Gary Matthews Jr., 32 year-old outfielder with 78 CAREER HRs, a career BA of .263, a career OBP of just .336, and never having stolen more than 15 bases in a single year, stole a huge sack of cash from the LA Angels, signing today for 5 years and $50 million.  Wow.  It's not that Matthews isn't serviceable - his defense is very good, he hits... average.  BUT, couldn't you save about $45 million and find a decent OF prospect who can post .265-17-70 type numbers with solid defense?

Matthews might have another good year or two in him, but in 2009, I guarantee you will hear Angels fans crying that no one wants to take Gary and the $30 million off their hands.  Consider yourself warned, Anaheim (or LA, or whatever).

The last of the 2006 awards have been handed out, and contrary to many predictions, Derek Jeter is NOT the AL MVP.  For the results to the MVP voting and the rest of the awards, check out

The Chicago Cubs signed Alfonso Soriano to an 8-year, $136 million contract today.  Regardless of whether Soriano is "worth" that kind of money, the real debate is how stupid the Cubs would be if they elect to use Soriano as a leadoff hitter as numerous stories suggest.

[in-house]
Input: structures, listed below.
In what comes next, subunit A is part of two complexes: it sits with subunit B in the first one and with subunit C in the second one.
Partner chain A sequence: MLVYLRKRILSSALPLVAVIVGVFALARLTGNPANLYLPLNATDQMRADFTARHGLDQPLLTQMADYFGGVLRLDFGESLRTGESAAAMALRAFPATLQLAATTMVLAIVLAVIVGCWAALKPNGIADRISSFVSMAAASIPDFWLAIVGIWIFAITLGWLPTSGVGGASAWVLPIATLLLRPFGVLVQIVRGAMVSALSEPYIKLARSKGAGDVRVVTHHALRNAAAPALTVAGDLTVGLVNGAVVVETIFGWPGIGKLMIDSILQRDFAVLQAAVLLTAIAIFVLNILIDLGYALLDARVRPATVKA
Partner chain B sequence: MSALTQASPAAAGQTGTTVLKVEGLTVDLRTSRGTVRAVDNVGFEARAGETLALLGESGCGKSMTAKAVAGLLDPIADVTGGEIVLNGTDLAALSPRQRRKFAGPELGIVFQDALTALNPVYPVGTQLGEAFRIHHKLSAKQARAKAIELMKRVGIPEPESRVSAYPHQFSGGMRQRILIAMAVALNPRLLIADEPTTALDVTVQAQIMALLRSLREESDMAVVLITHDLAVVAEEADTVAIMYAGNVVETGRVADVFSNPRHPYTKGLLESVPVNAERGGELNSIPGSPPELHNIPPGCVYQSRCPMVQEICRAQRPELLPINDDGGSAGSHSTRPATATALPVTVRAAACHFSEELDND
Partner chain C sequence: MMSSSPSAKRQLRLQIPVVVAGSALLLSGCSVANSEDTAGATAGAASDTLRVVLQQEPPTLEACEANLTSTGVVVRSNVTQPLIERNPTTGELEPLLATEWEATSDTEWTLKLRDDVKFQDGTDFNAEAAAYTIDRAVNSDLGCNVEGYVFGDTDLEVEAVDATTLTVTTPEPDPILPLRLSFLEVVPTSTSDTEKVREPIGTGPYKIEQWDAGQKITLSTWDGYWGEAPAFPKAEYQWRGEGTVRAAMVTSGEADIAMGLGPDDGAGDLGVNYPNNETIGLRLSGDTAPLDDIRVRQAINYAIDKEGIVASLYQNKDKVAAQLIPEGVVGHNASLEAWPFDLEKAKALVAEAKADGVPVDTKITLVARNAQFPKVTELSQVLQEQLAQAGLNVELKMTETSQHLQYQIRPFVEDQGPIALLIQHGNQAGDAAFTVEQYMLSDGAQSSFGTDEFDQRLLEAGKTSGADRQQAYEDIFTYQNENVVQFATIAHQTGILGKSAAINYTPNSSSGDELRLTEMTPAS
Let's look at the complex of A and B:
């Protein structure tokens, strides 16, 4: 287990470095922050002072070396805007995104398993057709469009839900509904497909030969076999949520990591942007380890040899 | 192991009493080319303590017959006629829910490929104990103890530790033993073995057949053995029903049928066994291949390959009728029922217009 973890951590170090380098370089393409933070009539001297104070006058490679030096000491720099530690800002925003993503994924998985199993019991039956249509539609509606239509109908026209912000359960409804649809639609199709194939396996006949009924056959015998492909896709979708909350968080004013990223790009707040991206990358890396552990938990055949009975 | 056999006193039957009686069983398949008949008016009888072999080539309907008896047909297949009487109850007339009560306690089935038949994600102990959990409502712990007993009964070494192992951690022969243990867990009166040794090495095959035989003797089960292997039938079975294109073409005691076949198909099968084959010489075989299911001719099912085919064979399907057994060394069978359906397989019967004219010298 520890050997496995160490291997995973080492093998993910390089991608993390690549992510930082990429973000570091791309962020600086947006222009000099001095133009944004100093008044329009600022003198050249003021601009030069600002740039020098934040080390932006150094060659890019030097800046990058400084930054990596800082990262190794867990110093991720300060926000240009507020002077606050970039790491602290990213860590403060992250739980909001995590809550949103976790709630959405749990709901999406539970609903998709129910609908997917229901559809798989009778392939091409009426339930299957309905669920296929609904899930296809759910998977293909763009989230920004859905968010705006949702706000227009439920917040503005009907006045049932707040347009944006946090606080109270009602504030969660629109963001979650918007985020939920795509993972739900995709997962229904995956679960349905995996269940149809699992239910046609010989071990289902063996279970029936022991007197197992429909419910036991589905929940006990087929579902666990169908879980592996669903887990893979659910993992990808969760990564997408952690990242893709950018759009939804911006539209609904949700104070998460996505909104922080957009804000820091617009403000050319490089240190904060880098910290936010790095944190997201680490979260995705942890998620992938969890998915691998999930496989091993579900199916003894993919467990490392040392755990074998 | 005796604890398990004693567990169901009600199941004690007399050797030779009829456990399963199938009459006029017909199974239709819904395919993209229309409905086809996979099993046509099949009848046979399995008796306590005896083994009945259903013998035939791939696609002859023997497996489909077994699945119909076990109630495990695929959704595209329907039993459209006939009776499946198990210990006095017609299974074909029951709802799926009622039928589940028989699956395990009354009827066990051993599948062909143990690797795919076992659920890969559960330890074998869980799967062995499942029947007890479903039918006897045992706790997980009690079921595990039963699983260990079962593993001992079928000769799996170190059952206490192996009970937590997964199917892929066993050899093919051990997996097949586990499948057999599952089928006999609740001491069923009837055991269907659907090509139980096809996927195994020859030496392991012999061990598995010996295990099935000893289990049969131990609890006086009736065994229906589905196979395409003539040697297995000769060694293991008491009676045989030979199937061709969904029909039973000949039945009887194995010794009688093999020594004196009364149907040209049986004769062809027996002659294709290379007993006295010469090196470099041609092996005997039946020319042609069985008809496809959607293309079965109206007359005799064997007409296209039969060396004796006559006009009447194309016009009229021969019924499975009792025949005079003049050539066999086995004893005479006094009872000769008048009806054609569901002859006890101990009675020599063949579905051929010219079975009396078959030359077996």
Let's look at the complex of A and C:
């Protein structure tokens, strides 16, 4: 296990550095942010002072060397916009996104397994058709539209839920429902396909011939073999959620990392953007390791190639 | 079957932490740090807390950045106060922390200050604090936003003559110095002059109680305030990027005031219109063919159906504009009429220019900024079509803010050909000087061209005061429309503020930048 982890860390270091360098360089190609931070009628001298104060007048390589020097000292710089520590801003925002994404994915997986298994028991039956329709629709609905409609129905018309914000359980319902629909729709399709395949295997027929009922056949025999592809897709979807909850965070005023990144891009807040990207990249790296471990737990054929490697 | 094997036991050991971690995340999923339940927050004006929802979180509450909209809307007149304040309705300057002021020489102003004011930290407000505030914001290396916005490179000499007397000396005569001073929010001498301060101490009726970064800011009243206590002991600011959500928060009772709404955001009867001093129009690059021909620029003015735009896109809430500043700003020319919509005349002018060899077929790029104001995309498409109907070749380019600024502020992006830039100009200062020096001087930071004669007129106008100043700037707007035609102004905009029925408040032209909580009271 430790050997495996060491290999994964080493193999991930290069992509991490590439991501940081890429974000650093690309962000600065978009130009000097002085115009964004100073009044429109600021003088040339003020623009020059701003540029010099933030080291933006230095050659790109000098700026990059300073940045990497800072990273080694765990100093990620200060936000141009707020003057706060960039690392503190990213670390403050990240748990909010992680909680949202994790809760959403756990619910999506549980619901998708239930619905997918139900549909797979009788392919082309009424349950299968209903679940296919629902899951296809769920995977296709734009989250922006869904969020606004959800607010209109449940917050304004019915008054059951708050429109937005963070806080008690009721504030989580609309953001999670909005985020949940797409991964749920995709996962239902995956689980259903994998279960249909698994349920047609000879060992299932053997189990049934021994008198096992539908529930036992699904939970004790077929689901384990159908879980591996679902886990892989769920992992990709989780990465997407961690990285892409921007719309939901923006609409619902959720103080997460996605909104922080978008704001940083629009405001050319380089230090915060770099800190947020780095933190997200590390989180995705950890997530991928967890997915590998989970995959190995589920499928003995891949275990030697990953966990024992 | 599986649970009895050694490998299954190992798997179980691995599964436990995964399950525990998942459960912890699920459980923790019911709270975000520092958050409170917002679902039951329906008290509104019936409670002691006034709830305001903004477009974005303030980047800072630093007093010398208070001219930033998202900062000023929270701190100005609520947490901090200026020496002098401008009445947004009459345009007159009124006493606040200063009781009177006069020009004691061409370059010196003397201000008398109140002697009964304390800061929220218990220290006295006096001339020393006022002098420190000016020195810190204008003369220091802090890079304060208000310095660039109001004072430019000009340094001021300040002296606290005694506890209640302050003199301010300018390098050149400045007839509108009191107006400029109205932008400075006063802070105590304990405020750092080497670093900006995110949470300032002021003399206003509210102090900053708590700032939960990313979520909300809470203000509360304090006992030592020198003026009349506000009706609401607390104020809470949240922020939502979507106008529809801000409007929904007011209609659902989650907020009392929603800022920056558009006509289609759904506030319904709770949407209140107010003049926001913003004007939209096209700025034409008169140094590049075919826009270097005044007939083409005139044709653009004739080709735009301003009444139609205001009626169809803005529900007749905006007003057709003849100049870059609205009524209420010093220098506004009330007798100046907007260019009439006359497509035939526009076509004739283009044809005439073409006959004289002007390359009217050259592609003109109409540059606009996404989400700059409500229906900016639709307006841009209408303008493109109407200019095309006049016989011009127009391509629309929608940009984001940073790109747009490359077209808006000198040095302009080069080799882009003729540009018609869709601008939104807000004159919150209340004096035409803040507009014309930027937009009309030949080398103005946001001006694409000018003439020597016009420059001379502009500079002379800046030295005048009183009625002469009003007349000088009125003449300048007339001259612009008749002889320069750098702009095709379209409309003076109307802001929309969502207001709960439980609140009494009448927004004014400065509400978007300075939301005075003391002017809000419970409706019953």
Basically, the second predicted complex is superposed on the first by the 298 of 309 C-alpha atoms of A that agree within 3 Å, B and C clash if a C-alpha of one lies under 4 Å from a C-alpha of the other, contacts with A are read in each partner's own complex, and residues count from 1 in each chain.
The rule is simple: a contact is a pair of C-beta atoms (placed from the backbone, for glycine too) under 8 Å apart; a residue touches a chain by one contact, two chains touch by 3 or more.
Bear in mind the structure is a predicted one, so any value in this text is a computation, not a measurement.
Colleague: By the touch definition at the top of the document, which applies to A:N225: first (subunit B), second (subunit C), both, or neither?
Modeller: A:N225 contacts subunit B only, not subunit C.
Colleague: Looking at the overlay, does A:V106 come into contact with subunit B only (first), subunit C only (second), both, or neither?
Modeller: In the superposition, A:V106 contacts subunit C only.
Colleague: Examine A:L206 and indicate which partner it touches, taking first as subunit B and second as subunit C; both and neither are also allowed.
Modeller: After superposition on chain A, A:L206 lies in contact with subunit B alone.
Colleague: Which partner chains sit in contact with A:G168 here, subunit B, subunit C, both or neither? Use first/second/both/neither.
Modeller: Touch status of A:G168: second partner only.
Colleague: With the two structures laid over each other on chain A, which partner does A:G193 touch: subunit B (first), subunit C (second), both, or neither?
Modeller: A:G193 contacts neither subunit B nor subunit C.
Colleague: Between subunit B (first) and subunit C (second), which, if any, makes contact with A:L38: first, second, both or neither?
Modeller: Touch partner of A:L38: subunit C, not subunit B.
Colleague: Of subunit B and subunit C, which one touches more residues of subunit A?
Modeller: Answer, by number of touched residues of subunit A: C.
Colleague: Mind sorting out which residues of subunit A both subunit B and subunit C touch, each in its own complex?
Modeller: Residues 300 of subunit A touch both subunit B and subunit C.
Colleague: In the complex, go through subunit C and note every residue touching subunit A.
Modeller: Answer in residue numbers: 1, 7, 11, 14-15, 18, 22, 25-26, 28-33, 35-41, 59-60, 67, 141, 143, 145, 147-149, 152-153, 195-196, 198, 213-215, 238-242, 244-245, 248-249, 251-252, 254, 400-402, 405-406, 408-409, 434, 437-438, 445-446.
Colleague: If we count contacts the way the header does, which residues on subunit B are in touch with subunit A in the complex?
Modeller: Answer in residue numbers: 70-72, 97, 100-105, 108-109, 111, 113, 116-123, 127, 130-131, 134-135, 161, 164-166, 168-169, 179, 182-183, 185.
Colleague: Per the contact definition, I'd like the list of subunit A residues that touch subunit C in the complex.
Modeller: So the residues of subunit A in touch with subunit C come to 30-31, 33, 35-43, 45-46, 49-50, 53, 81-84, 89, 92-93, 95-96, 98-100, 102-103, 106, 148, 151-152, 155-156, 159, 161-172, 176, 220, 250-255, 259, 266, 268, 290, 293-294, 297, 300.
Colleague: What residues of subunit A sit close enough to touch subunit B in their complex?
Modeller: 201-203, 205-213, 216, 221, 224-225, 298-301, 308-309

Offensively, Soriano does just about everything above average to excellent... except making contact.  Besides running Corey Patterson out of town for the same ability to swing and miss 3 times at the top of the order, Cubs fans will not appreciate Soriano's power and production numbers being drained from following the pitcher in the lineup 8 innings a game.

With Soriano, Derrek Lee, and Aramis Ramirez on the team, it's no secret that those 3 players should be grouped together in the lineup for maximum productivity.  You don't want Murtons and Izturises sandwiched between the sluggers unless you want to repeat a last place finish.